There are many versions of this key question. How do the IIMs rate work experience? How much does it count for? All other things being equal, will the IIMs always prefer experienced grads? How much more should fresh graduates score in order to stand a chance?
Like many of the research reports, let me start with a disclaimer. I do not claim to have any inside knowledge on how the IIMs process applicants, and most of what I have to say is based on anecdotal evidence.
There is no objective normalization process for accounting for experience
The IIMs most likely do not have a scoring system for awarding points for work experience. It is my belief that the selection committee goes in with an idea of how they want the batch to be structured and conducts interviews with this backdrop.
As in, IIM Bangalore might say tell the selection panel, we would like to have around 60-80 fresh grads, 60-80 grads with 1-2 years experience and around 50-60 grads with more experience than that. Based on this, we have called 300 freshers, 300 1-2 years' experienced grads and 200 very experienced candidates for the interview.
So, after this kind of plan is made, effectively, the groups are more or less competing within each other, and therefore there is no way someone can make a statement like "if you have 4 years experience, you can get in with a score that is 1 percentile point lower than someone with 0 years experience". It is quiet likely that the mean and median score of shortlisted fresh graduates is higher than that of heavily experienced candidates, and this is what we mean by saying that experience counts for something.
Does 1-2 years experience count for much?
Not really. The guys with less than 24 months of experience constitute a high proportion of any batch, and any experience less than 24 months rarely counts for much. These candidates are unlikely to have picked up any great understanding of either their industry or organizational dynamics to make a huge impact.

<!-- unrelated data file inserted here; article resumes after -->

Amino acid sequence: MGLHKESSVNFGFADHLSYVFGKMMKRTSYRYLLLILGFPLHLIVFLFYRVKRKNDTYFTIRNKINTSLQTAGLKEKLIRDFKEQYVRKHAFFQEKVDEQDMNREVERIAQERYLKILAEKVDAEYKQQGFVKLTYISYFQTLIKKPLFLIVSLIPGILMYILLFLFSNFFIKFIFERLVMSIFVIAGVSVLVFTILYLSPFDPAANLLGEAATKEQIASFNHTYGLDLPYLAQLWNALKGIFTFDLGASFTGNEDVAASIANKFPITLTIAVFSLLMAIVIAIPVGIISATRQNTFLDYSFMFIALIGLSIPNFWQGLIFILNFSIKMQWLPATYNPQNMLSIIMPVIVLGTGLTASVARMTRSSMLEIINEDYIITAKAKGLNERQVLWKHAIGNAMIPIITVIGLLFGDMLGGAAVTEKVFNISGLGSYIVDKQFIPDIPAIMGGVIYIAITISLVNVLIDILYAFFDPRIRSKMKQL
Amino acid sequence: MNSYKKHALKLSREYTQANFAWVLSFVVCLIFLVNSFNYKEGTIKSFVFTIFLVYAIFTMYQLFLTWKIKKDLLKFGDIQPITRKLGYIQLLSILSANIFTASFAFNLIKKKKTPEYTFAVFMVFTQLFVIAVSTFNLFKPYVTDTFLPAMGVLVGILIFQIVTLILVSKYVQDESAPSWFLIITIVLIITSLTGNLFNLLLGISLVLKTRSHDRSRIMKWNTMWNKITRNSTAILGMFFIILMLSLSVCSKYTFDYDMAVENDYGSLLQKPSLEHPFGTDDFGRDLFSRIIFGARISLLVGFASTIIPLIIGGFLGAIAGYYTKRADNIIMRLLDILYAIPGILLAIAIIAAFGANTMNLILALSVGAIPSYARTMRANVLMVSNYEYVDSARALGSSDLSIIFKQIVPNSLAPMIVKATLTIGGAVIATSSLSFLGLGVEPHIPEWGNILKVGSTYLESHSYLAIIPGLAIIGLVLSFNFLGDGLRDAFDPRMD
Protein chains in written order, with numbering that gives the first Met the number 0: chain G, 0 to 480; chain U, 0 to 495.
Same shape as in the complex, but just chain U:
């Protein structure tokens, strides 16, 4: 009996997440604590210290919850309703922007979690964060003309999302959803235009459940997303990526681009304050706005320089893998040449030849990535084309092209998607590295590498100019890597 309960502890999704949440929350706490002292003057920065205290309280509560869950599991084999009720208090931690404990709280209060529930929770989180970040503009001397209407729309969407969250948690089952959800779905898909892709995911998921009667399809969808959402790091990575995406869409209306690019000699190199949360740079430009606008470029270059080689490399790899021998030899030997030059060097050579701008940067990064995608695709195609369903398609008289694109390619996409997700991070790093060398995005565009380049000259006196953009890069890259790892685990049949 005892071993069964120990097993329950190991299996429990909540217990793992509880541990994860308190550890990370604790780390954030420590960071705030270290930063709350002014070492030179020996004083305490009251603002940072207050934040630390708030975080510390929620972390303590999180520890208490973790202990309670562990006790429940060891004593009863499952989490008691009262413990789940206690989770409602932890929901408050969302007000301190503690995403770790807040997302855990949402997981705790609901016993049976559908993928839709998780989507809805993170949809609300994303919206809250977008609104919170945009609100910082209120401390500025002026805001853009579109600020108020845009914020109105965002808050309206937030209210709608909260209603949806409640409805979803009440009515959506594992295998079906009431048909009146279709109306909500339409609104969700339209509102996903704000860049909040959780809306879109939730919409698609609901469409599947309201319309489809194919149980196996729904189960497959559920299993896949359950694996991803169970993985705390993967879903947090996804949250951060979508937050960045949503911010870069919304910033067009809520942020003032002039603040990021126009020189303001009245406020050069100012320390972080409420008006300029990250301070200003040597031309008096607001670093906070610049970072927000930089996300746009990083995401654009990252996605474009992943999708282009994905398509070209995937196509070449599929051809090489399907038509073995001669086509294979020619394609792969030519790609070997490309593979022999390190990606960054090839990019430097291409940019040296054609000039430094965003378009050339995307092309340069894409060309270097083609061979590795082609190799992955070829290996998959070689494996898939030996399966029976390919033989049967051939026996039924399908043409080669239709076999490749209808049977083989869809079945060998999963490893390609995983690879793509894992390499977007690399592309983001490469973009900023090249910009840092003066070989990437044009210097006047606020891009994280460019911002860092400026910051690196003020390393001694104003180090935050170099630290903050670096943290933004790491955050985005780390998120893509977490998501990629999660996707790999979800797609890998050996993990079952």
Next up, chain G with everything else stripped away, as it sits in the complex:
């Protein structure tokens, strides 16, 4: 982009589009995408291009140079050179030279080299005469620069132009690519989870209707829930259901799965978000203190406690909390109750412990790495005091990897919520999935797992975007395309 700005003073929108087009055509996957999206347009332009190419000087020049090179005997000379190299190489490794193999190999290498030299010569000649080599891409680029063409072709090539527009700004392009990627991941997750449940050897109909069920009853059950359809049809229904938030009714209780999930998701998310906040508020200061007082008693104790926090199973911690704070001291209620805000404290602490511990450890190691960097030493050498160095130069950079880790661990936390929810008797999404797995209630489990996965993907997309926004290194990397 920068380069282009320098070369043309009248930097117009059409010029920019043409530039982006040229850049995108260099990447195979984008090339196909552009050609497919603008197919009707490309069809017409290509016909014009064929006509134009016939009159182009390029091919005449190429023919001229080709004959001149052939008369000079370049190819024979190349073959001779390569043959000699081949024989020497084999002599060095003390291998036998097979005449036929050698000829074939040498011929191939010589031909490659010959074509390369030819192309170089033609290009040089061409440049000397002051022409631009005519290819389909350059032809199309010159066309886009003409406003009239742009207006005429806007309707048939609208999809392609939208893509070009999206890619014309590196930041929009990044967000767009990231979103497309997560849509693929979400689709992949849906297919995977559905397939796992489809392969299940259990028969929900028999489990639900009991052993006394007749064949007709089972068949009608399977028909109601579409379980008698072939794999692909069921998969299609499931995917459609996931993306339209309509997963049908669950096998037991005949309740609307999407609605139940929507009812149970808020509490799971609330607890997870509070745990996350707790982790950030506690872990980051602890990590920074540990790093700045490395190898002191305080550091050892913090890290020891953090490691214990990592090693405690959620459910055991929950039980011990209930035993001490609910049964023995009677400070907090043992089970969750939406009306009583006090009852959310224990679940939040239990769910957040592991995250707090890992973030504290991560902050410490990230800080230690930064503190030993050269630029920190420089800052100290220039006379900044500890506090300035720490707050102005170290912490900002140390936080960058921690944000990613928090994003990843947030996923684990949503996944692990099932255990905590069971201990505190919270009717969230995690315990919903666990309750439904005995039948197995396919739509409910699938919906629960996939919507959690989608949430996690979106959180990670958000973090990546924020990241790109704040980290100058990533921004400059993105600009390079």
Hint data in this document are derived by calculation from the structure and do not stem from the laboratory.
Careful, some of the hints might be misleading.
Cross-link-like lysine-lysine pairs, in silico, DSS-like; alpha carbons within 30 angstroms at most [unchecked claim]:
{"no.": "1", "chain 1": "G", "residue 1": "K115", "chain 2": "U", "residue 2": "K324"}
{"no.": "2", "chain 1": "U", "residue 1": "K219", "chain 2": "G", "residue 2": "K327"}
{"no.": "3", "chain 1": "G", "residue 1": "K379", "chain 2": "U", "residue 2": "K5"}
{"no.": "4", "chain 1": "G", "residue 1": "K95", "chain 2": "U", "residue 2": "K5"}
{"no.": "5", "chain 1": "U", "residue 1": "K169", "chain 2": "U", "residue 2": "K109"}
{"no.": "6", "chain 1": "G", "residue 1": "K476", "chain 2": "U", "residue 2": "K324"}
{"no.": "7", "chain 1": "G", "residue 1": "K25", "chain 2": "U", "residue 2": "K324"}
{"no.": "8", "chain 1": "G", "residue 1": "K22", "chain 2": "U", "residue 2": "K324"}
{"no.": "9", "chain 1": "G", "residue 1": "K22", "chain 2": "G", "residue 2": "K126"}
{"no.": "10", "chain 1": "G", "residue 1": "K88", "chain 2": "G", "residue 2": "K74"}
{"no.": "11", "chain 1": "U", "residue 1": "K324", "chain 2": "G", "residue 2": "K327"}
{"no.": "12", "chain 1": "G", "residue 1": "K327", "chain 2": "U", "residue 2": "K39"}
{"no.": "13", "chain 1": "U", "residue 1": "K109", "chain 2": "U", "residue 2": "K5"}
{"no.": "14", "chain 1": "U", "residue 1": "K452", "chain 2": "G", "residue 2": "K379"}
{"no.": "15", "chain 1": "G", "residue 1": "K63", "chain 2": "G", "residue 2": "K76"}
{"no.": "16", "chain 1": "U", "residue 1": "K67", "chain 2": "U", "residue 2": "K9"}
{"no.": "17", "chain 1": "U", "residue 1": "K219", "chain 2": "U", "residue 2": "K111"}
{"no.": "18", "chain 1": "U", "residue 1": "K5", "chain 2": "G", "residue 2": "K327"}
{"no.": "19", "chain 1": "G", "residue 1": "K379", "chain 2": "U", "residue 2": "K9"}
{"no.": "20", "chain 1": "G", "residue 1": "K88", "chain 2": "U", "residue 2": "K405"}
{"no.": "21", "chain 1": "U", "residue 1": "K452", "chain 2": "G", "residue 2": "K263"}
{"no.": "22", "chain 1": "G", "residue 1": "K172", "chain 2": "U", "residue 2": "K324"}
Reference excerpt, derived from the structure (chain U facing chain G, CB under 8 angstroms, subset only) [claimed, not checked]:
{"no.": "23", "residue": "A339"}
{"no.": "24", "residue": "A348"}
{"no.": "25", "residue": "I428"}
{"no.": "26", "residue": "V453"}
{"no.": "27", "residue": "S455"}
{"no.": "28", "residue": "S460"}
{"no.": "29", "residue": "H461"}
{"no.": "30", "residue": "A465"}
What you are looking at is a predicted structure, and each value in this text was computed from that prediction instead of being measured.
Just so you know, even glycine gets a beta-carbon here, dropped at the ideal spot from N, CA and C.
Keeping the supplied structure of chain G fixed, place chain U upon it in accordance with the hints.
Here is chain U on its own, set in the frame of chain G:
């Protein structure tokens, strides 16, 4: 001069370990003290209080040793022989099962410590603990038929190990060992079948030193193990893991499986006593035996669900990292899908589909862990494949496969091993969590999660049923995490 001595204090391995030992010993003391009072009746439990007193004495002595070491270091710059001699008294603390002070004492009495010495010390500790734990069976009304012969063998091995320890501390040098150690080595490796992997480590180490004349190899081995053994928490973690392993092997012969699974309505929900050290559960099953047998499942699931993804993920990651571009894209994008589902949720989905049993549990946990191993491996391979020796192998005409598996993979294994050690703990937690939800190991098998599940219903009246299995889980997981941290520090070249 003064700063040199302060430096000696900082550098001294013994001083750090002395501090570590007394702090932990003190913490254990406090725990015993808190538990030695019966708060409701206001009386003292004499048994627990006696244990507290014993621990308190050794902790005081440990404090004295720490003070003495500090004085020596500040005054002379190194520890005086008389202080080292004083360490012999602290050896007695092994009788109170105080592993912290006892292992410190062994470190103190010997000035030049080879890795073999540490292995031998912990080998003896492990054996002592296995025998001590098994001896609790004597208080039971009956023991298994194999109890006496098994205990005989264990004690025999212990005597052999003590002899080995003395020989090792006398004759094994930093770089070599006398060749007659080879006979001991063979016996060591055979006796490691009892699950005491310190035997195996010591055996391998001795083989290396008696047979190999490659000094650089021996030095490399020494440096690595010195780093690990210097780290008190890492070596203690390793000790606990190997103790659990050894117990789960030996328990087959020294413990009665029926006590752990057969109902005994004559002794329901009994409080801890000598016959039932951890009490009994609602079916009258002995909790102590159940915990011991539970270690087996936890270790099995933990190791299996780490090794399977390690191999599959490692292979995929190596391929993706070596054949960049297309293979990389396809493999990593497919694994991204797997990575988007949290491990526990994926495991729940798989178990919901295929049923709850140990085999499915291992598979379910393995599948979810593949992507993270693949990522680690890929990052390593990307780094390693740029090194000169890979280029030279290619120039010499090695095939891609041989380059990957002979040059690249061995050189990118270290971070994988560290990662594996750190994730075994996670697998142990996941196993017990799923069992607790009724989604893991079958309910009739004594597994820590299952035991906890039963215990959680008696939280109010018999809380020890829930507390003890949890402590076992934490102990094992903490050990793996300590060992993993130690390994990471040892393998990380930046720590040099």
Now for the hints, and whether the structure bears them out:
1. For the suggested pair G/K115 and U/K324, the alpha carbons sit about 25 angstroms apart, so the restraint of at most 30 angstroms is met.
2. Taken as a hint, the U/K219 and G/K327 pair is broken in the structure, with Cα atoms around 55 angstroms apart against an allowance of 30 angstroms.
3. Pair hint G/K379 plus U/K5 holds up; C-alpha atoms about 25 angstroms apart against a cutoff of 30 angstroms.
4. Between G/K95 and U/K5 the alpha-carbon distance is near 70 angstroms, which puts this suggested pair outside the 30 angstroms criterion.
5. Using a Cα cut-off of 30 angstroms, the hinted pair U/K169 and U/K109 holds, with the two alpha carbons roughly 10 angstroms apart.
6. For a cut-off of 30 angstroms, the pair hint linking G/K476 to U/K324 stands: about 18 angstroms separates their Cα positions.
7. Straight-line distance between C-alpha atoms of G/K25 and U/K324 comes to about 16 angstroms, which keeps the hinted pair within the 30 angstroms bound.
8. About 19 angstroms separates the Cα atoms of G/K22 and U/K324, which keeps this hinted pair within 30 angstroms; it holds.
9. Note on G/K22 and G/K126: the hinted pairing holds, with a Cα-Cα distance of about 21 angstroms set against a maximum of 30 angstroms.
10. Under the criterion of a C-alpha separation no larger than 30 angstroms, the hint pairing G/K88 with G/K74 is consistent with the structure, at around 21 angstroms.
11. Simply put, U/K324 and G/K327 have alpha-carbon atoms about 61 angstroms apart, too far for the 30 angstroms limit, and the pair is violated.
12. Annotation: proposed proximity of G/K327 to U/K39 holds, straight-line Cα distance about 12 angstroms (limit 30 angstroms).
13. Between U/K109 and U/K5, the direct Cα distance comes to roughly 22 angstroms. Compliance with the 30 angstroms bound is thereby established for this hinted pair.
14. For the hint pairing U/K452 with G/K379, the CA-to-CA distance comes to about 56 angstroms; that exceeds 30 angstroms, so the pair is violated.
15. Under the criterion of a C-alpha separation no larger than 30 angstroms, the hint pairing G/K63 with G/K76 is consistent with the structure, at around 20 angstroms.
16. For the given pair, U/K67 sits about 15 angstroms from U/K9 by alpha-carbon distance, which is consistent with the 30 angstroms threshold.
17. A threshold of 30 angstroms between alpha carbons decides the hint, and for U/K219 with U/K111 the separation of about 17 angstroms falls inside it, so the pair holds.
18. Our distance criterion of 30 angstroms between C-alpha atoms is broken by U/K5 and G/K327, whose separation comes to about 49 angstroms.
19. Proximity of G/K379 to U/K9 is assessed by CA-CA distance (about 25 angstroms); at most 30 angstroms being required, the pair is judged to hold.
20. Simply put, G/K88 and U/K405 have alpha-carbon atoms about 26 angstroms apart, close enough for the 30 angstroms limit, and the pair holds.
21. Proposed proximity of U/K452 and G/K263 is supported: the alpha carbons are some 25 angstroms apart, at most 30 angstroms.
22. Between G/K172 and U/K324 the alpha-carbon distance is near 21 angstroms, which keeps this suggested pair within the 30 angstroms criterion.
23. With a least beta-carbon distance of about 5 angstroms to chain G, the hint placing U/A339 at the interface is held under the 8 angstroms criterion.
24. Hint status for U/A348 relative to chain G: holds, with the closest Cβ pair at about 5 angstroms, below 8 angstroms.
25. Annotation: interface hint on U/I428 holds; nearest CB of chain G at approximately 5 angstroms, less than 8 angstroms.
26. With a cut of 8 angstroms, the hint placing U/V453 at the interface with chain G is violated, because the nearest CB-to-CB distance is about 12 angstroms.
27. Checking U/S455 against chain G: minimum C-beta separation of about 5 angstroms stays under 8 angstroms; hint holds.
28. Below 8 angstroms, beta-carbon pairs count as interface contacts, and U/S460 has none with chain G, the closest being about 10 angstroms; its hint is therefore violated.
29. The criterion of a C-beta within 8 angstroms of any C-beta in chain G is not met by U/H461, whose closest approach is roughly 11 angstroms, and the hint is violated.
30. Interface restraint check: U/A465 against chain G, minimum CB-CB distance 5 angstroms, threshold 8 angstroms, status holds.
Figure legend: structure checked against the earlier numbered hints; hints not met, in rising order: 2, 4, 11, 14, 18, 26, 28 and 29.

Does the type of experience count?
All B-schools price diversity (some more so than others), so a different profile always counts for something. A lawyer/ doctor always has an edge over a software professional in our country. There is little doubt about this.
Will the IIMs shift towards more experienced candidates
With a shift to round-the-year exam to be conducted by an external agency, the IIMs will inevitably begin to value profile and experience more. So, this trend is likely to happen
Will the IIMs shun fresh graduates?
Extremely unlikely. No matter which position an institute holds, it will be keen on attracting the best talent available. So, if one IIM shifts towards picking only experienced candidates, then it will effectively lose out on fresh talent. As a talent pool, the fresh graduates compete favourably against other groups. Among the top 10 of any graduating class, one would usually find more than 70% of candidates with 0-2 years experience, with perhaps up o 40% being fresh graduates. There is limited statistical evidence to suggest that fresh graduates do not get value from an MBA. A large number of companies prefer to recruit fresh grads for internships and prefer to select fresh grads for entry-level positions. So, any one IIM, if it chooses to change its profile will end up losing out on talent. So, unless there is a concerted effort from the top 20 B-schools in India, the dynamics cannot change overnight.
I think India will slowly shift towards taking in more experienced candidates into their B-Schools. But this shift will be slow and more or less synchronised across institutes.
Will personal interview and GD be more difficult for fresh graduates?
The short answer is Yes. Fresh graduates have less to talk about themselves, less personal experiences to count on and refer to, will likely have had few opportunities to make presentations to anyone and are generally a little raw. Experienced candidates are naturally better-equipped to handle one-on-one sessions and group discussions. This is why fresh graduates should spend more time preparing themselves for GD-PI and should focus on presenting their case well.
If you are a fresh graduate, do not let this talk of experienced candidates standing a huge advantage get to you. You are effectively competing against fellow fresh grads for the seats and in any case, you have likely done better than an average experienced candidate in the CAT exam and that should count for something.
If you have 1-2 years of experience, this is not a game-changer, so make sure you have enough talking points about your job.